1-day sale turns 10-year-old book into ‘New York Times’ best seller

Les Standiford‘s 2005 Meet You In Hell has just met the New York Times Best Sellers list.

Wanting to tell the story of the larger-than-life personalities responsible for the boom of the American steel industry, the director of the FIU Creative Writing Program published the historical nonfiction book in 2005. A decade later, a promotion offered by the book’s publisher made Meet You In Hell’s sales rocket, placing it in the top 10 of the country’s best sellers for the month of May.

Meet You in Hell_resize“Years ago, it was unthinkable for a book to make it on to a best-seller list a decade after it had been published,” Standiford said. “That’s the remarkable thing about this, the way publishing and reading habits have changed. This would never have happened to a book sitting in a bookstore, but e-publishing makes this possible.”

Penguin Random House offered a temporary discounted price of $1.99 for the book through BookBub, a free service that allows readers to discover limited-time deals on e-books. The promotion was a great success, generating sales of more than 3,800 e-books in April and helping the older book rise from obscurity to best-seller status.

Meet You In Hell tells the story of Andrew Carnegie and Henry Clay Frick who dominated the business world in the Gilded Age, but whose partnership crumbled as a result of one of the most serious labor disputes in U.S. history. When he was near death, Carnegie sent Frick a note, presumably to bury the hatchet after decades of not speaking to each other. Frick’s reply: “Tell him that I’ll meet him in hell.”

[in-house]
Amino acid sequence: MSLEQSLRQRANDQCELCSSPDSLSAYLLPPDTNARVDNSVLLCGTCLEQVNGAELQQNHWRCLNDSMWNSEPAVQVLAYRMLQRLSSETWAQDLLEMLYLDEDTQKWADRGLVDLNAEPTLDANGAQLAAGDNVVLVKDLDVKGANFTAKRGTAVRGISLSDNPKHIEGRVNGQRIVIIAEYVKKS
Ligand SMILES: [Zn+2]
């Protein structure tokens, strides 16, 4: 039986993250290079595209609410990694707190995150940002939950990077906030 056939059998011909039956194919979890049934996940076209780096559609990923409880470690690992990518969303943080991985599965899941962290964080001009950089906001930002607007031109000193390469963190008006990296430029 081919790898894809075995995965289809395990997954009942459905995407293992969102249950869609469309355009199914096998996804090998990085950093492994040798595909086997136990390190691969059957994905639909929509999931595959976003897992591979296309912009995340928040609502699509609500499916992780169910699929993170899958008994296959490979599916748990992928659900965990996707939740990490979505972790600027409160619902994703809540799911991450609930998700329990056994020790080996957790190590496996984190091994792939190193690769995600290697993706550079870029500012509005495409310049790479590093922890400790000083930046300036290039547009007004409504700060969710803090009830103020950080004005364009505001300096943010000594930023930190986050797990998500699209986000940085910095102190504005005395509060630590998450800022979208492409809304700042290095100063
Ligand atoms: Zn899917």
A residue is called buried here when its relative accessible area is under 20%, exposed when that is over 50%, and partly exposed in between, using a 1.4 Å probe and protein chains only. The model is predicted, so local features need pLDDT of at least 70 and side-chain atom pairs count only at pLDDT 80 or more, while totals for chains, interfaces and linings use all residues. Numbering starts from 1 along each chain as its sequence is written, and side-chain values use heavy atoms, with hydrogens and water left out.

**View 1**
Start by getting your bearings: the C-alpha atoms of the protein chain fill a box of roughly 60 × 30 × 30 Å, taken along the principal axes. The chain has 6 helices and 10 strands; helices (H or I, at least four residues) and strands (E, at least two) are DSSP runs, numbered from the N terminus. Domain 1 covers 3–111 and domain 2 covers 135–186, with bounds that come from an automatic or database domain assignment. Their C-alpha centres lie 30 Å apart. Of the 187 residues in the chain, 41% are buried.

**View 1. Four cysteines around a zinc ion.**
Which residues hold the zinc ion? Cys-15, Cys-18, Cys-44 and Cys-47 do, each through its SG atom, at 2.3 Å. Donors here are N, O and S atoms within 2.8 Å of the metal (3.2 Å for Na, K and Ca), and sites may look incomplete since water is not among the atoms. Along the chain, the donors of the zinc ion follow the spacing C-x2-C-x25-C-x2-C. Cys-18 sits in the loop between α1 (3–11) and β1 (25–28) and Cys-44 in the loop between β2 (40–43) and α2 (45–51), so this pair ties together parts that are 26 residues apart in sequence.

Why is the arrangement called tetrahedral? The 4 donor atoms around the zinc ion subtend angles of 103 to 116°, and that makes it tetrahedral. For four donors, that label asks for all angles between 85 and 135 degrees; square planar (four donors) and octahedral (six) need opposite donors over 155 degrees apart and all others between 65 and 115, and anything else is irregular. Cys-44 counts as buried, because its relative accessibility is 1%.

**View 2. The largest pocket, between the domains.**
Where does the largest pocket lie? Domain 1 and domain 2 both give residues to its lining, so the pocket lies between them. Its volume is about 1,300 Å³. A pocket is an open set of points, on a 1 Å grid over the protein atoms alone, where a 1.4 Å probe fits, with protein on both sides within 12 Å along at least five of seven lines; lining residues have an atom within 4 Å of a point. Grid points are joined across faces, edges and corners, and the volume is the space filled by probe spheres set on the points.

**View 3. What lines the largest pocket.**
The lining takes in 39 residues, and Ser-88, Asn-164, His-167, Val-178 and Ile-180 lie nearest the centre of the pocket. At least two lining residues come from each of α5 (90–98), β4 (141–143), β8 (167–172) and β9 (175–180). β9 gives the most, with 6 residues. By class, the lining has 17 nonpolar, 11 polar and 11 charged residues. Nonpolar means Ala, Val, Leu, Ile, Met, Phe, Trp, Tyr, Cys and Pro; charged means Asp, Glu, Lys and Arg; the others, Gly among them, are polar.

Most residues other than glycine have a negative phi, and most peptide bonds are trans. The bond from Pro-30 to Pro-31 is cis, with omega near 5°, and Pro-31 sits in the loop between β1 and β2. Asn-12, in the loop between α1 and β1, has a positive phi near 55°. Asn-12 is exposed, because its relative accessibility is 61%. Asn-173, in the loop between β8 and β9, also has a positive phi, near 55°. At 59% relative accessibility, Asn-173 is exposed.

Standiford is not the first FIU author whose book has found a second wind through e-publishing promotions. Alumnus and famed author Dennis Lehane MFA ‘01 first published his detective novel Gone, Baby, Gone in 1998, selling a mere 23 copies. In 2007, a movie was released based on the book and six years later, Amazon designated the title as a “Kindle Daily Deal.” The 24-hour price cut to $1.99 revived the dormant book, and by the next day, it had sold 13,071 copies.

It is estimated that half of all reading in the U.S. is done without paper. Electronic publishing, or e-publishing, has removed much of the cost and risk involved in print publishing. It can also help attract new customers, drive engagement with your readers, and develop new products. With consumer adoption of smartphones and tablets rapidly rising, many argue e-publishing is here to stay for the long haul.

“I still read most of my books in hard copy. I love to rub the paper and smell the binding. It’s a sentimental thing,” Standiford said. “But times change, things evolve. Publishing, as we know it is changing, and publishers and booksellers will need to adapt. There might come a day where very few people will still read books in hard copy.”